The bluebird we photographed less than three weeks ago in South Carolina is now singing at the top of my pine tree. Bulbs of all kinds and colors are carpeting the ground and my star magnolia is about to pop its bright white blossoms.
Is spring (or is it summer) really here?
Many of us flee the March mudness and lingering cold, as I did first to the south and then to Rhode Island, where it was cooler than expected. Driving home on March 19, the dashboard thermometer climbed into unbelievable 80 degree temperatures.
I’m writing this at 8 a.m. on my porch, listening to birdsong and enjoying the breeze. It may be fleeting, but let’s savor any nice weather.
All the gardeners reading will have noticed the new weather map that was in the Republican a few weeks ago. According to the map, we in zip code 13035 are now not the former Zone 4, but 5b.
That’s warmer, and the village may be so, but it’s not true if your house is on a higher elevation, like ours. We have to wait an extra week for spring and have frosts later, too.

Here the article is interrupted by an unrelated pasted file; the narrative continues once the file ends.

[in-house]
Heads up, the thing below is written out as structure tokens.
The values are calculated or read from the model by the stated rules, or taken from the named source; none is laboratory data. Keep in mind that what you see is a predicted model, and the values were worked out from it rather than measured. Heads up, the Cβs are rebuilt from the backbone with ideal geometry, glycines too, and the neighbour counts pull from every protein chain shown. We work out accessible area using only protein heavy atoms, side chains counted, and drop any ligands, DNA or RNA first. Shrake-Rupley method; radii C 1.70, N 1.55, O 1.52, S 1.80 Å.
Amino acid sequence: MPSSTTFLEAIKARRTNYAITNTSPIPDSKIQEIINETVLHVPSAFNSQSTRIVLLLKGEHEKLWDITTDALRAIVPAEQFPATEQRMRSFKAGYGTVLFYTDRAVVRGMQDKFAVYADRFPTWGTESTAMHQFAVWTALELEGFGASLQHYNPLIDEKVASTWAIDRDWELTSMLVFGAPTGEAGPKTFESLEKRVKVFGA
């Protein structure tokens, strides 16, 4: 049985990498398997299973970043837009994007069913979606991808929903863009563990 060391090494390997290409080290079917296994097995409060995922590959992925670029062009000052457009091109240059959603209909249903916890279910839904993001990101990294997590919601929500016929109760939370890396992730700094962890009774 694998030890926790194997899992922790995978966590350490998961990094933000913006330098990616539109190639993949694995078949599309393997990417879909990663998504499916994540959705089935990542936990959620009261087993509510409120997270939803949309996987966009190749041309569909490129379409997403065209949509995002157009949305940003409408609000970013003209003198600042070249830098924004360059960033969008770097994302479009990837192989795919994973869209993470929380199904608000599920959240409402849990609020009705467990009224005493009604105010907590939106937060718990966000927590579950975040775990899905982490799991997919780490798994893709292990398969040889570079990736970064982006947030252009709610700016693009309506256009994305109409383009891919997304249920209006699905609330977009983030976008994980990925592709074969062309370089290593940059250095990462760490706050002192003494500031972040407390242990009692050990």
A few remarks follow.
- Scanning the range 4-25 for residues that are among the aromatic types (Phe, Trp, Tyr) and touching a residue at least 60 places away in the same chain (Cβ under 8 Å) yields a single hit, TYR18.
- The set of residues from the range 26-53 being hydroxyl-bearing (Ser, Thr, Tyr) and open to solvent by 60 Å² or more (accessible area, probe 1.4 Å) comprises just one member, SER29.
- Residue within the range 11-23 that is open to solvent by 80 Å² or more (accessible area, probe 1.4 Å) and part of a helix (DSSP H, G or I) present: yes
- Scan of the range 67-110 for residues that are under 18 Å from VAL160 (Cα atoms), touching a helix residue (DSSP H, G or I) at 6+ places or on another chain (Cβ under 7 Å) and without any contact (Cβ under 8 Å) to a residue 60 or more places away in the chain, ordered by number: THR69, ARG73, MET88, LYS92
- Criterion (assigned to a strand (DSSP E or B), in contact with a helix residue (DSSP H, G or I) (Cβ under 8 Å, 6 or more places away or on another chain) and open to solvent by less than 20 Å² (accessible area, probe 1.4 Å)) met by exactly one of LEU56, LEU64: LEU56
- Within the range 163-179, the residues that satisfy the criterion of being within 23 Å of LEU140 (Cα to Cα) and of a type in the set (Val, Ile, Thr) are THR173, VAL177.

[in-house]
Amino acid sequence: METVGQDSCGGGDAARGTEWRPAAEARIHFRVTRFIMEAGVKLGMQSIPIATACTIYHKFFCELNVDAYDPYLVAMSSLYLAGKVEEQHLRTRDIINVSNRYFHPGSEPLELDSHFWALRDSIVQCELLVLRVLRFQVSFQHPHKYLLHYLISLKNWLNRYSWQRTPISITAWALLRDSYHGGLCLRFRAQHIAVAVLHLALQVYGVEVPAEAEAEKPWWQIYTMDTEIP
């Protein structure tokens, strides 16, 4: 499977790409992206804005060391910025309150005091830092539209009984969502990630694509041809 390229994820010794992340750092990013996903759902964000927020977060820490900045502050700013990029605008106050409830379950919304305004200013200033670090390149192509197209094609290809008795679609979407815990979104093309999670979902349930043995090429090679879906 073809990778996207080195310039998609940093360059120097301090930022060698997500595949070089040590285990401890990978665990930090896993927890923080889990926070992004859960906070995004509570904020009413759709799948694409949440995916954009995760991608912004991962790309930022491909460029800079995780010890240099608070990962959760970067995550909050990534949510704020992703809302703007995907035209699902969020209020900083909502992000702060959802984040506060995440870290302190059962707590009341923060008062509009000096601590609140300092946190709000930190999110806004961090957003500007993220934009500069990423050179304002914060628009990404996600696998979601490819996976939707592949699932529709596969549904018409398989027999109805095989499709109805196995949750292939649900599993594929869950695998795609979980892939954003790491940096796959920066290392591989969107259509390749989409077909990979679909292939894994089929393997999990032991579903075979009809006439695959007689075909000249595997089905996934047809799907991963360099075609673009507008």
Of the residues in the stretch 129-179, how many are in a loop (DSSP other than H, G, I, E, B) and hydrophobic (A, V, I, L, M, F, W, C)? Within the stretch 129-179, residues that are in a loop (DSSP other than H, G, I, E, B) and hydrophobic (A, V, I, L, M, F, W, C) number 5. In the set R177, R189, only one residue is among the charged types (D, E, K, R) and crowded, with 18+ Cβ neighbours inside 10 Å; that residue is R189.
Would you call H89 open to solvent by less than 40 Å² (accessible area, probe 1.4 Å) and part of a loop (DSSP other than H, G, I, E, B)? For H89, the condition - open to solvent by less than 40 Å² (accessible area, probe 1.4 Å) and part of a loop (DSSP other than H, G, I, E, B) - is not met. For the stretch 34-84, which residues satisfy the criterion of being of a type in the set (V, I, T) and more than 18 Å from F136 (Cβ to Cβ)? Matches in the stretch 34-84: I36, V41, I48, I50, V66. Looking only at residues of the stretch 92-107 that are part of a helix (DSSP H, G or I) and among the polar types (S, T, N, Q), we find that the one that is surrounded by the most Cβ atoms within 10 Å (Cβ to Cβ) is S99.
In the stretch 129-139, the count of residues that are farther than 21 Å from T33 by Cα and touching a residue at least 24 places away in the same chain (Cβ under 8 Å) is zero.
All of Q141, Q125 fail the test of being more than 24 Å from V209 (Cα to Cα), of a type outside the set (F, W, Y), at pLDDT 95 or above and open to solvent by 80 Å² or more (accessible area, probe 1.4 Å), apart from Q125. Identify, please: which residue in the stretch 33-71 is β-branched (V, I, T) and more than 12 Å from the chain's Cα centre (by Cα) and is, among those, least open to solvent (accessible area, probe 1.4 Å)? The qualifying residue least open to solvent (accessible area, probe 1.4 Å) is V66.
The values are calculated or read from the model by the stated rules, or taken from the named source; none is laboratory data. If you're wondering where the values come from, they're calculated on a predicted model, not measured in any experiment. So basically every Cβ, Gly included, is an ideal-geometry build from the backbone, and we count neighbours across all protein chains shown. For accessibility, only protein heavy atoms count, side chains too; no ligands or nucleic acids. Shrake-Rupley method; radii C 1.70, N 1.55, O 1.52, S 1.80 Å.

There are signs of change though.
I witnessed the amazing bloom on mop head hydrangeas last summer, blue or pink. I thought it was because of measures taken the previous year, but everyone had the same good fortune. The flowers of that type of hydrangea are formed on the twigs that grew last summer, so our frosts of spring, if there was snow cover, or just winter’s chill can result in lots of leaves, but no flowers. My inspection of the twigs as the mulch of pine needles was removed yesterday showed green buds beginning to emerge.
Don’t cut anything unless it is obviously dead until May, and hope we don’t go below freezing again.